He literally washed his hands of the whole affair.  He could have listened to his conscience which clearly told him that Jesus of Nazareth was an innocent man.  He could have listened to his wife who told him that she had a dream about Jesus and to be wary of the scheming of the Jewish High Priest and his cronies.  But Pontius Pilate didn’t have the courage it takes to be a Christian, or even a moral person.  He washed his hands of the whole affair, and will forever be remembered as the politician who gave in to public opinion, and let the Lord of Life be crucified.

Nor did Judas Iscariot have the courage it takes to be a Christian.  There was considerable financial gain for him to give up Christ to the Jewish authorities.  There was a position of esteem among the Jewish leaders there for his taking.  To stay with Christ would mean to join him in suffering.  No, Judas didn’t have the courage it takes to be a Christian.

Peter, appointed by Our Lord to lead his disciples and his Church, well he seemed to be the greatest coward of them all.  When he was put on the spot, Peter denied Christ, not just once, but three times.  But Peter didn’t give up, he struggled against his cowardice and fear and he accepted all that the following of Our Lord demanded.  Tradition tells us that when Saint Peter himself was about to be crucified he objected that he wasn’t worthy to die the same way as the Lord, and so he was crucified upside down.  It took a while for Peter to muster up the courage he needed, but at the end of the day, when it really counted, he was able to follow Christ.

Once again, we begin Holy Week with a call to courage.  We live in a country where many have lost the courage that is necessary to follow Our Lord and Saviour Jesus Christ.  I heard on the news, only this morning, that in a recent BBC poll, only a quarter of Christians in this country, believe in Our Lord’s Resurrection or life after death.  If we’re brutally honest with ourselves, we only need to look around at the faces of people we know to see that some of them are just going through the motions of being a Christian.  Where are these people when they are called upon to stand up for Christ and to be counted?

It takes tremendous courage to be the only people in the neighbourhood who treasure a moral lifestyle.  It takes tremendous courage to be the only parents who are determined to protect their children from that which can destroy them, even though other parents let their children watch unsuitable films, play violent video games, and basically close their eyes to their experiments with all that is dangerous and unhealthy.  It takes tremendous courage to be the only one at work who isn’t a flirt, who doesn’t degrade his or her spouse with colleagues, who doesn’t stab colleagues in the back in order to advance, who is willing to take only what an honest day’s work provides.  It takes a tremendous amount of courage not to get involved in a relationship that could never be moral.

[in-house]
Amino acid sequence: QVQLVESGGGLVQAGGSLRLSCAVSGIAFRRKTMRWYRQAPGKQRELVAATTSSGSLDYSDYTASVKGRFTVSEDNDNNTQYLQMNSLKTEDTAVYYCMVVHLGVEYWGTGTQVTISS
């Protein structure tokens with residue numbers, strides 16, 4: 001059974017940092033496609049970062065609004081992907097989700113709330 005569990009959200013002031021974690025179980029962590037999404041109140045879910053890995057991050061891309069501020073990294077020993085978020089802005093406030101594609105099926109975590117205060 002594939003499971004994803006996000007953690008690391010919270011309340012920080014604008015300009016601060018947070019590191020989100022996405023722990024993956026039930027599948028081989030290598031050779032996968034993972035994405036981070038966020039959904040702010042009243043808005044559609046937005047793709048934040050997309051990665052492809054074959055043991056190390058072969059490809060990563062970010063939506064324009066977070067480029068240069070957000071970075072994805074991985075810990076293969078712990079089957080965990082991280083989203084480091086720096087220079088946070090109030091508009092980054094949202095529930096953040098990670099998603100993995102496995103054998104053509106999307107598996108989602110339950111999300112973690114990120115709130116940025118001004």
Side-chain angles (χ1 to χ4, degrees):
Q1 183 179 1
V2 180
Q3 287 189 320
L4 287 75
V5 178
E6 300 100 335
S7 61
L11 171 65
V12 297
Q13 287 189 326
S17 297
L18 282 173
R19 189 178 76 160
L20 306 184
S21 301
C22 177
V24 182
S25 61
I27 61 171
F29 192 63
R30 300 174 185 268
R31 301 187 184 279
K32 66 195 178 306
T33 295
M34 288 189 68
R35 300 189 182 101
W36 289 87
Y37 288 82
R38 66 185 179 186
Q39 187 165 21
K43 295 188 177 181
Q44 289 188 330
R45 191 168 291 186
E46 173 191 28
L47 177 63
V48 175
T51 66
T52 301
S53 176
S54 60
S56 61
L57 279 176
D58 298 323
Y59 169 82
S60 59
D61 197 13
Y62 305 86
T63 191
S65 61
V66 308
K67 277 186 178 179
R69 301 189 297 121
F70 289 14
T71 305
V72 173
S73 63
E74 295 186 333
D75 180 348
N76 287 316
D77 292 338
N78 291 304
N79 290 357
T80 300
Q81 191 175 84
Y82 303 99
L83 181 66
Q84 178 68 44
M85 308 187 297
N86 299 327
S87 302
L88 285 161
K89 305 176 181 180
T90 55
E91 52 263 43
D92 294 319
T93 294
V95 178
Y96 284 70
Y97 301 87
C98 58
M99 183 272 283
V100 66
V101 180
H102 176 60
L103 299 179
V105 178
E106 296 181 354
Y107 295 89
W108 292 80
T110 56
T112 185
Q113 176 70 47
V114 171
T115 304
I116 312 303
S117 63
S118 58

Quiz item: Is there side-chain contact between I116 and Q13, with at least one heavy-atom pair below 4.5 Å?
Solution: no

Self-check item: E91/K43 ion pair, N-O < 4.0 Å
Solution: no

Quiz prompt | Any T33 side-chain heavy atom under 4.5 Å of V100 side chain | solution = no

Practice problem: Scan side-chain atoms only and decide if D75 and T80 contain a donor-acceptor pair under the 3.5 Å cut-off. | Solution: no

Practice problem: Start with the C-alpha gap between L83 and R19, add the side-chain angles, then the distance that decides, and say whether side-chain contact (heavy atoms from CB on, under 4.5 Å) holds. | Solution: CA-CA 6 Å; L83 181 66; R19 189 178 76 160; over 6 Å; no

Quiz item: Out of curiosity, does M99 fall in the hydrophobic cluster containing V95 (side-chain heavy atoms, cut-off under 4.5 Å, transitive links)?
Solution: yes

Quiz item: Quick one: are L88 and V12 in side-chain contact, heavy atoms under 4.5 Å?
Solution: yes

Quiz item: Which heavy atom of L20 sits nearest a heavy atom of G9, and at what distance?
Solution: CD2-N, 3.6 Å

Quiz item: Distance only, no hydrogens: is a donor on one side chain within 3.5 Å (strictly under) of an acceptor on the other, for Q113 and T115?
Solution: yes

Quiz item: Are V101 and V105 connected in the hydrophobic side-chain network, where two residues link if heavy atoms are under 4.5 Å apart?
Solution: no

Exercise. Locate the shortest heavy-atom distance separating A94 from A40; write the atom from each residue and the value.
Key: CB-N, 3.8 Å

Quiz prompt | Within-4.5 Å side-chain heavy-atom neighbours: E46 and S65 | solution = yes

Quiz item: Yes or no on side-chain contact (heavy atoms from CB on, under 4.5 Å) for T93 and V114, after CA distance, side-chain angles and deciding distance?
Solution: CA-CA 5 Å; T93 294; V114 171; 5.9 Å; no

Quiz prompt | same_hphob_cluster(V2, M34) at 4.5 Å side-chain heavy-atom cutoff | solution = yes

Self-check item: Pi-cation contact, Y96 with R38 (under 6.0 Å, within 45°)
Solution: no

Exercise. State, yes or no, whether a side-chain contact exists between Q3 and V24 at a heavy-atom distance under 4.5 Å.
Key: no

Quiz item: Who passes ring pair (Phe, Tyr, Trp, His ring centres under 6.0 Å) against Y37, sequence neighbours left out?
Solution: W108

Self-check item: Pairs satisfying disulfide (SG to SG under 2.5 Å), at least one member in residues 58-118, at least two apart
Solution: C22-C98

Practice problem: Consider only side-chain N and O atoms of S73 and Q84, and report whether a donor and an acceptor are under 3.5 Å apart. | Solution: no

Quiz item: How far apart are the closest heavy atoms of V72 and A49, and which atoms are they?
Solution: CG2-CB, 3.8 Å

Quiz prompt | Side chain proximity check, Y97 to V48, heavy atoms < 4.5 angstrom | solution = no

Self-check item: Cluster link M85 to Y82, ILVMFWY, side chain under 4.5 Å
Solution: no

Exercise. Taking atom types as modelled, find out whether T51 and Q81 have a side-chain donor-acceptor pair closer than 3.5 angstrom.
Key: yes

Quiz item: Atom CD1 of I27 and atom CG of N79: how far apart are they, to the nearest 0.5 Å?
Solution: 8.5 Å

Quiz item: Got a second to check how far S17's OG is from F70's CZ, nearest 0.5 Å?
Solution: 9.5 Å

As Catholics in this country today we are not being called, at least not at the present time, to accept martyrdom for the Lord.  But we are being called upon to give witness to him.  And you may know that the word martyr means witness.  We are all called to be martyrs.  We are all called, in one way or another, to carry the Cross and to shed our blood for Christ.

No matter how we look at it, it does takes a tremendous amount of courage to follow Christ; and yet standing with him at the foot of the Cross, giving witness to his presence in our lives, the presence that gives meaning to our whole existence, giving witness to Christ is the easiest thing we could ever do.  It is easy because it is the natural action of the committed Christian.

And this really is the yardstick by which we can measure our commitment, and our love, and our loyalty, and our devotion, and our fidelity to Christ and his Church.  All we have to do is to reflect upon the choices we make in life.  Are my choices compatible with what being a Catholic is all about?  Do I live a moral, upright life?  Do I actually witness to Christ in the choices and decisions I make?

Let us begin this Holy Week at the foot of the Cross, on our knees where we belong, praying for the courage to be Christians.



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